Melt processes, especially the existence of a three dimensional melt network, are of fundamental importance for melt migration and segregation, which is important in the upper mantle and the lower crust of the Earth [McKenzie, 1984; Scott and Stevenson, 1986; Sleep, 1988; Laporteet al., 1997; Rabinowitcz et al., 2001; Wark et al., 2003]. Furthermore, melt distribution and redistribution is a key factor in geological processes such as flow of (poly)crystalline aggregates or the homogenization of partial melts by chemical diffusion [Cooper et al., 1984; Laporte et al., 1997]. Many properties of systems with small amounts of melt depend on the distribution of the liquid phases at the grain scale. In high temperature experiments that were performed with major rock-forming minerals such as dunite + maficor ultramafic melt [Waff and Bulau, 1979; Hirth and Kohlstedt, 1995; Faul, 1997; Cmíral et al., 1998] or quartz + felsic melt [Jurewicz and Watson, 1984; Laporte, 1994; Laporte and Watson, 1995] apparent disequilibrium features were described that deviated from the predicted regular melt geometry:

  1. fully wetted grain boundaries and melt lenses on grain boundaries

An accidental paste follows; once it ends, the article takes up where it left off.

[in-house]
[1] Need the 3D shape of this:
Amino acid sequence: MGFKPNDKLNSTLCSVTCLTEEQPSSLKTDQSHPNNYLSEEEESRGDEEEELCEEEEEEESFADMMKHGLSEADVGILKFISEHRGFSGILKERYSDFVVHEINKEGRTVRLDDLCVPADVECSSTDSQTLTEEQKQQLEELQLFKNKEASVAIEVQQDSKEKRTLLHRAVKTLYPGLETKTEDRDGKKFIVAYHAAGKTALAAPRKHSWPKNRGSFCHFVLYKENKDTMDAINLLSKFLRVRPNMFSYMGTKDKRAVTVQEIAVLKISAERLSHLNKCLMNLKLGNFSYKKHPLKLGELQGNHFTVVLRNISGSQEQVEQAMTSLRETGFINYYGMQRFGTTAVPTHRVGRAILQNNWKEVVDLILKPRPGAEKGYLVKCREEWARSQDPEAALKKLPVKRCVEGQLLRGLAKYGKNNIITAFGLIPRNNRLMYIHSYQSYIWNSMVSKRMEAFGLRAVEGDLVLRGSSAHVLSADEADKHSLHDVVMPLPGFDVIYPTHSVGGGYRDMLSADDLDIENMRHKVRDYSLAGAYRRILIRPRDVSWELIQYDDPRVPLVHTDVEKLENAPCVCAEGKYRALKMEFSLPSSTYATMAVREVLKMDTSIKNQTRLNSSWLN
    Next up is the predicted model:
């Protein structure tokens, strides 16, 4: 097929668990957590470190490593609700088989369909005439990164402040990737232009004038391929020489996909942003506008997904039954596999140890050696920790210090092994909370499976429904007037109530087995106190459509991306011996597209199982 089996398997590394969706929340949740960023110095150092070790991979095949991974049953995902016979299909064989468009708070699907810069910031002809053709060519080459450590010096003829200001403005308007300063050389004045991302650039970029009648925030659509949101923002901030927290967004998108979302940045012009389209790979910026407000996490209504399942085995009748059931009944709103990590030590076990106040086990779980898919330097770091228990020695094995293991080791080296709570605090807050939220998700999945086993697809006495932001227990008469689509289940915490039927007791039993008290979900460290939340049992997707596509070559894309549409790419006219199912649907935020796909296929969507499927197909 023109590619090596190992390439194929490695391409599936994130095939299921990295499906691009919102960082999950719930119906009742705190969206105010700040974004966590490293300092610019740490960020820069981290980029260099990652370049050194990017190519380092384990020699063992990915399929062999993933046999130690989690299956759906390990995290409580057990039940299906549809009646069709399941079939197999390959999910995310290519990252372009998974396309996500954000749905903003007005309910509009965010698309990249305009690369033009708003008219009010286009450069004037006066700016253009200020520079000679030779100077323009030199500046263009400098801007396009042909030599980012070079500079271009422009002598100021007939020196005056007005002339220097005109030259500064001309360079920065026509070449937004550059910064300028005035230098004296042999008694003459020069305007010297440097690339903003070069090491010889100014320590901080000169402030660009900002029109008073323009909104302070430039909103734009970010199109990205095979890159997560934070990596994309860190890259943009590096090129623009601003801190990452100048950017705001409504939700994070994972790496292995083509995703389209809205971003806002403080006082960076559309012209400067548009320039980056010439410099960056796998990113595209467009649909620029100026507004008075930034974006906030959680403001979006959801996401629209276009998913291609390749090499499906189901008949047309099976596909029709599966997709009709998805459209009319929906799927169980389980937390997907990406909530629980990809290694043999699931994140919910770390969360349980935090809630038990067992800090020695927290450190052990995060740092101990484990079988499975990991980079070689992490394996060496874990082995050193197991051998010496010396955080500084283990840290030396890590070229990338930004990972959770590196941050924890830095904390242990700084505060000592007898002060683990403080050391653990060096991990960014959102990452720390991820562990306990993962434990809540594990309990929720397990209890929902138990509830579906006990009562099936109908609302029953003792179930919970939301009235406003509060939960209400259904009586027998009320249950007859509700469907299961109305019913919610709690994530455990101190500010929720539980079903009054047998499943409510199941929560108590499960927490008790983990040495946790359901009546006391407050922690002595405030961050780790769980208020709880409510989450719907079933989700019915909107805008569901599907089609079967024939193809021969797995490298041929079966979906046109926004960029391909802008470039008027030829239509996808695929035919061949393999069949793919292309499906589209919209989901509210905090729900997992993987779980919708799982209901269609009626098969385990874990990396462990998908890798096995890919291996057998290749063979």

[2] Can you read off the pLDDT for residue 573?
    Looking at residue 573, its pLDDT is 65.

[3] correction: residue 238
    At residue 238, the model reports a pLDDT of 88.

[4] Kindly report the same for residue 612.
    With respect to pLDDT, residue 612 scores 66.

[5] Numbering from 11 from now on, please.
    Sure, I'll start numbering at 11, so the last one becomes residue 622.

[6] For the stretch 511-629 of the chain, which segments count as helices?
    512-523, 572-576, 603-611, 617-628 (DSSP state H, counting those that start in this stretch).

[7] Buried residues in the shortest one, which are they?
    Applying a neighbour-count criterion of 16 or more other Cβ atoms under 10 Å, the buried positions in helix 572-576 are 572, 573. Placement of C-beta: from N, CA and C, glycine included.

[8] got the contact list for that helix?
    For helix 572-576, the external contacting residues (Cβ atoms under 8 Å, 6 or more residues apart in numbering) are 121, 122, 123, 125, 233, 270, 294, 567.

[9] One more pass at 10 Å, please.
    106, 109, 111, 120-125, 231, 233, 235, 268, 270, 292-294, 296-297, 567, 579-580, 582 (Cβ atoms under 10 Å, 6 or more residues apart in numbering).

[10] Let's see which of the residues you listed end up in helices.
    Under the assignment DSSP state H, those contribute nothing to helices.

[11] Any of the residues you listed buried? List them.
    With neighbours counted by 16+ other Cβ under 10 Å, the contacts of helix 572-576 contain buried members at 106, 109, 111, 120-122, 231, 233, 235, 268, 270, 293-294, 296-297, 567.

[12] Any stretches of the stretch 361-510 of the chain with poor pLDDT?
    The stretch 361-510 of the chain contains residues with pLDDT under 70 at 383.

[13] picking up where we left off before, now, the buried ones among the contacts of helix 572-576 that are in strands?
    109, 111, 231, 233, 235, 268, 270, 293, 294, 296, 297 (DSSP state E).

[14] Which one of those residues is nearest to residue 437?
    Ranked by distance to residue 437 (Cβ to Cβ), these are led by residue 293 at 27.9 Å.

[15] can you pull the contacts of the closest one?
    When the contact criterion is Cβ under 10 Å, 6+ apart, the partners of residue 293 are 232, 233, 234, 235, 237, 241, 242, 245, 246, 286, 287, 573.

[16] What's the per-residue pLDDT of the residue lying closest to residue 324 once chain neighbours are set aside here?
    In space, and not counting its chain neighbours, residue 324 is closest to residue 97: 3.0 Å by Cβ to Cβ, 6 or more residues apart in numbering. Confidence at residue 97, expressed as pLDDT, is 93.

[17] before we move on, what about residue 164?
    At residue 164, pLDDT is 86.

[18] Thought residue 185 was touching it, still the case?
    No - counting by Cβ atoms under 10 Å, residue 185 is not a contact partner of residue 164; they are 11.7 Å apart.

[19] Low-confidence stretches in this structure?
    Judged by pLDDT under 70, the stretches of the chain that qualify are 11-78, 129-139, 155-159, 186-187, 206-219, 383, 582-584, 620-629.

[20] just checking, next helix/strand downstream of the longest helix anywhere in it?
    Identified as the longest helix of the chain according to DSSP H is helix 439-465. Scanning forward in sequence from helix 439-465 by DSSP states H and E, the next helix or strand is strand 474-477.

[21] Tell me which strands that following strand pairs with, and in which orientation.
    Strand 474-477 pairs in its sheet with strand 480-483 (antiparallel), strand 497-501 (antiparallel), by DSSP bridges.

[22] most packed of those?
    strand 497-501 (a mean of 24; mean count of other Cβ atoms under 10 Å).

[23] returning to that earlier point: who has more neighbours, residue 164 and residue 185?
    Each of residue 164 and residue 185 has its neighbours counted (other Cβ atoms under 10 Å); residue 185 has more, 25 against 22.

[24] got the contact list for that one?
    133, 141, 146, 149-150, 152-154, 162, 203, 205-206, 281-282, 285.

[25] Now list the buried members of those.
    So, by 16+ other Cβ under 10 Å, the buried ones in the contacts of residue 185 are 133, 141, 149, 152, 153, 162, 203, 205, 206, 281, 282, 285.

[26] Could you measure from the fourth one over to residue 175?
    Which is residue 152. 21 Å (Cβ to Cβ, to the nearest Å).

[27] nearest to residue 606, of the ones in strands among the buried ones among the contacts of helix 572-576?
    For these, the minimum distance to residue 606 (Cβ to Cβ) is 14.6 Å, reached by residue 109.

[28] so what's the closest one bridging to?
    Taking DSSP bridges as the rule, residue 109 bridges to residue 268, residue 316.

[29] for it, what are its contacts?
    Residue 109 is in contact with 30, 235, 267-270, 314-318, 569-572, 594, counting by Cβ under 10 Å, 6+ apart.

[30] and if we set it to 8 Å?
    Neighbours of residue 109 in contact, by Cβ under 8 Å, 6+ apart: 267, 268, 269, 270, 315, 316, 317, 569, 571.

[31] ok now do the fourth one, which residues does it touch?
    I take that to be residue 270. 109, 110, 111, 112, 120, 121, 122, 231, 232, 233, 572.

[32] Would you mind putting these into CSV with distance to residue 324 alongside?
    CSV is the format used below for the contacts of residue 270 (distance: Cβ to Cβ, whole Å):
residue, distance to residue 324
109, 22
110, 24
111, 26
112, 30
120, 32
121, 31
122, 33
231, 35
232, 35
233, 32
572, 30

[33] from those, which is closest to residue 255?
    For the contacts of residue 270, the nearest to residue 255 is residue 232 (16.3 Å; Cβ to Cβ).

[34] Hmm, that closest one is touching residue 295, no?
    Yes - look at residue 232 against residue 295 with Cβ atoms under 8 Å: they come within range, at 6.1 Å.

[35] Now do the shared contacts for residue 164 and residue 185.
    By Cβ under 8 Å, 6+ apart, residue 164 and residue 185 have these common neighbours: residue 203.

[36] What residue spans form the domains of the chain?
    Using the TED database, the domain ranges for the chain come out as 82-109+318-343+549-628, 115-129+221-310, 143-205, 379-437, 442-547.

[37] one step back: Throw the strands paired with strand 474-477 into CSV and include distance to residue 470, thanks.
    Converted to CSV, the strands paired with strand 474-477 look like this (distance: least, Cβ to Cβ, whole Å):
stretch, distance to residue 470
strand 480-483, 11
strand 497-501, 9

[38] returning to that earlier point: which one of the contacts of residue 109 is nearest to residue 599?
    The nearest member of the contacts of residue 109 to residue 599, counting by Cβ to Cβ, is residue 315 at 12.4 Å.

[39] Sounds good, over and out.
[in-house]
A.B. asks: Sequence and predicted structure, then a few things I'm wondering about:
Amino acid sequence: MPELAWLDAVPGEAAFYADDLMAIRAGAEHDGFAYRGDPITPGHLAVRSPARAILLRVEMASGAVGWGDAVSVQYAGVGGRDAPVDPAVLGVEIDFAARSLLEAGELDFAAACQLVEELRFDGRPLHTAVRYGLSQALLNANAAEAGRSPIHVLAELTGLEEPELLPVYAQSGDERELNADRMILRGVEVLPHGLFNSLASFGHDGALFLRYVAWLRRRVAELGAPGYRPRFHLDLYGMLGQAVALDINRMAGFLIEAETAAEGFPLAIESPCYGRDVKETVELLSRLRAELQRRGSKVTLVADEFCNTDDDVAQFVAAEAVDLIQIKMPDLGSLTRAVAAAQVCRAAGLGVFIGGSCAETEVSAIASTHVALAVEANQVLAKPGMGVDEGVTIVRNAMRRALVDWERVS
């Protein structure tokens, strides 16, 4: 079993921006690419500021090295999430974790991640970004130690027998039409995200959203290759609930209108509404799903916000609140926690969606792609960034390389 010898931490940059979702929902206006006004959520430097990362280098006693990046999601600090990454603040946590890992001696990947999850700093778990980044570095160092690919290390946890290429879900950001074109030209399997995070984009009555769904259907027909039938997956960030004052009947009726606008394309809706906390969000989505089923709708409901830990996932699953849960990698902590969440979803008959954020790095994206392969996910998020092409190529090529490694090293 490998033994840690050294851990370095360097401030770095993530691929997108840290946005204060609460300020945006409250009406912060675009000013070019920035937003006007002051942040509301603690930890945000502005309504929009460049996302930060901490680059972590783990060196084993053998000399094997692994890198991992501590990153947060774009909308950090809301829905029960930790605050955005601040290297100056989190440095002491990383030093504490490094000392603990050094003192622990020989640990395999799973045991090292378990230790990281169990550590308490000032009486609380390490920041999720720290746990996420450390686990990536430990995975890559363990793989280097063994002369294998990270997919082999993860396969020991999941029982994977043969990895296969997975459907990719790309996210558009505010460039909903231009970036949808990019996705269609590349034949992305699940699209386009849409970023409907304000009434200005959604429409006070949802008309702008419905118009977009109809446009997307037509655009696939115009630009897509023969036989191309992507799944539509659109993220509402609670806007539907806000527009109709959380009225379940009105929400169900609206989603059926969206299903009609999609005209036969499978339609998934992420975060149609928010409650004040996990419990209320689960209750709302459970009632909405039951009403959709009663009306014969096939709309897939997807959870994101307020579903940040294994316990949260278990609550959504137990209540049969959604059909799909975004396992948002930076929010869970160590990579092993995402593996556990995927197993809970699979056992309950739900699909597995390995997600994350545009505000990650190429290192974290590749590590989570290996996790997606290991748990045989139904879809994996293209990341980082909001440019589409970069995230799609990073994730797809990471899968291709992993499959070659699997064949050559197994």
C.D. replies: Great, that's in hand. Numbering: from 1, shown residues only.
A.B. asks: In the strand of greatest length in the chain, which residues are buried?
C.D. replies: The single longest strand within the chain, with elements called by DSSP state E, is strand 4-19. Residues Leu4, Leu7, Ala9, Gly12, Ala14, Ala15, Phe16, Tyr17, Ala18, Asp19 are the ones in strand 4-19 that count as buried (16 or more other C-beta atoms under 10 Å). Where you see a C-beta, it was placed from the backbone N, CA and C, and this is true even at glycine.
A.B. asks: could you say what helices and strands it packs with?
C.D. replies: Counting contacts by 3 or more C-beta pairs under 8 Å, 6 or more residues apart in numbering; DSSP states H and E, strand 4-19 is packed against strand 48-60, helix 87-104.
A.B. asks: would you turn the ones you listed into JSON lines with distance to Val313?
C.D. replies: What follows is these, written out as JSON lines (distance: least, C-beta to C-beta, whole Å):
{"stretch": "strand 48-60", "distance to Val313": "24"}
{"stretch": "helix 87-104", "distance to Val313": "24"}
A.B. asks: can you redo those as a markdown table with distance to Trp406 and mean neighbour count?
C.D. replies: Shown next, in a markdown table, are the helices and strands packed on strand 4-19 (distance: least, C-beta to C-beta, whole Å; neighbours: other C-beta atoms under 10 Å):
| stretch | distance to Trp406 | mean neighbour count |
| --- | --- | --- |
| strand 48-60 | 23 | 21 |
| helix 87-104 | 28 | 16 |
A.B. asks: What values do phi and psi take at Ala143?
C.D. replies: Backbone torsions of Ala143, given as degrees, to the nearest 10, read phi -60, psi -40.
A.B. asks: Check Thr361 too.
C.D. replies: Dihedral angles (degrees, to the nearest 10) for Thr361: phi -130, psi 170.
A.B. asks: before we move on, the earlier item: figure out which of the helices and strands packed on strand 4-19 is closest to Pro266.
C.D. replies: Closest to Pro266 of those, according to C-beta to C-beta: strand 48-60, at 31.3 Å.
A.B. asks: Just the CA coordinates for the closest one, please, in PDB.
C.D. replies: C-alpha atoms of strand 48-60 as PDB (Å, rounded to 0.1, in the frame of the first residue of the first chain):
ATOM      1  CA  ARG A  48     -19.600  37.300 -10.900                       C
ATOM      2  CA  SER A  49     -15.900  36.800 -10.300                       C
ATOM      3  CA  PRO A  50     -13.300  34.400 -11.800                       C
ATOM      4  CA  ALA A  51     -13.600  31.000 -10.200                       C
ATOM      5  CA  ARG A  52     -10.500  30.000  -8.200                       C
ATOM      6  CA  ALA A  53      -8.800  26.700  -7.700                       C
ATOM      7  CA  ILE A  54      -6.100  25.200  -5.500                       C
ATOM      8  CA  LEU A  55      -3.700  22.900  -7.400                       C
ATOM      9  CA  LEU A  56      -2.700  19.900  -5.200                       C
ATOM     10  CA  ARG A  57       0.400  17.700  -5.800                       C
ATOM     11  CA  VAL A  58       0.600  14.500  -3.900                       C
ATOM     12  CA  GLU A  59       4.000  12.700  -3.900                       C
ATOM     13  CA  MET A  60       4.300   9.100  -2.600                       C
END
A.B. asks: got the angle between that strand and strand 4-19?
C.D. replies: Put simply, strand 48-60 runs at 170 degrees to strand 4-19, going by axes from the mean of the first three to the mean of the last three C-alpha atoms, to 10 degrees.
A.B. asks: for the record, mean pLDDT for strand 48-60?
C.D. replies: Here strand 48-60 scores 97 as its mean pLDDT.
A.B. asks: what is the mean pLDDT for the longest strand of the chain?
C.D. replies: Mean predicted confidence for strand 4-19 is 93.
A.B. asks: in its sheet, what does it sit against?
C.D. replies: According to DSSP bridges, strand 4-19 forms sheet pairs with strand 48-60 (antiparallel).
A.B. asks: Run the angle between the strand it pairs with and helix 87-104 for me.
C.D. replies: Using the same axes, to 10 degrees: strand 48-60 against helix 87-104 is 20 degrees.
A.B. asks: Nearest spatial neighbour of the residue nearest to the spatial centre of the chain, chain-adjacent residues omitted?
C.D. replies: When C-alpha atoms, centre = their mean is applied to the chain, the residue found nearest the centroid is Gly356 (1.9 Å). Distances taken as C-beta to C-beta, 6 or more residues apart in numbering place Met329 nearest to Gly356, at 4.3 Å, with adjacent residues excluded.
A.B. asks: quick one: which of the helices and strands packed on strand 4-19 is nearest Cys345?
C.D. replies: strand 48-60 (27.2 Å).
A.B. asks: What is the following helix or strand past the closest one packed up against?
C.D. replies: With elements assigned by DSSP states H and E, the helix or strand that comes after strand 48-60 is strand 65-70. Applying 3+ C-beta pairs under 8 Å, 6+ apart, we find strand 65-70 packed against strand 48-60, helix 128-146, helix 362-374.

2. strongly distorted, melt-filled triple junctions

  3. large, multigrain-bounded, melt pools.

These disequilibrium features where shown to have a potentially large impact on the porosity–permeability function of partially molten rocks, especially at low melt-fraction such as considered in the upper mantle [Faul, 1997; 2001]. It has been recognized that variations in grain size and crystal lattice–controlled surface-energy anisotropy modifies the actual liquid distribution in natural aggregates [Waff and Faul, 1992; Laporte and Watson, 1995; Jung and Waff, 1998; Wark et al., 2003]. The frequent observation of straight crystal facets of grains in contact with melt supports the latter explanation for nonequilibrium melt geometries [Waff and Faul, 1992; Hirth and Kohlstedt, 1995; Jung and Waff, 1998; Faul, 1997; Laporte and Provost, 2000]. Although quartz is considered to be more isotropic than olivine, all the above mentioned non-equilibrium features were observed in quartz + melt systems as well [Laporte, 1994; Laporte and Provost, 2000]. It is therefore important to study the liquid distribution in natural aggregates using experiments and/or numerical simulations. However, in experiments with natural rocks (HT-experiments), some of the main controlling parameters of melt processes cannot be measured or controlled and these experiments do not allow a continuous observation but rather, after quenching of the sample, show a snapshot of the process at the time of quenching (for examples of HT-experiments see [Tullis et al., 1973; Jurewicz and Watson, 1984; Hirth and Kohlstedt, 1995; Laporte and Watson, 1995; Faul, 1997] and references therein). This is insofar unsatisfying as the development of melt pockets and/or grain boundaries give valuable insights into the behavior of melt, its redistribution, development of non-equilibrium features and splitting or merging of non-equilibrium shaped melt pockets [Faul, 1997].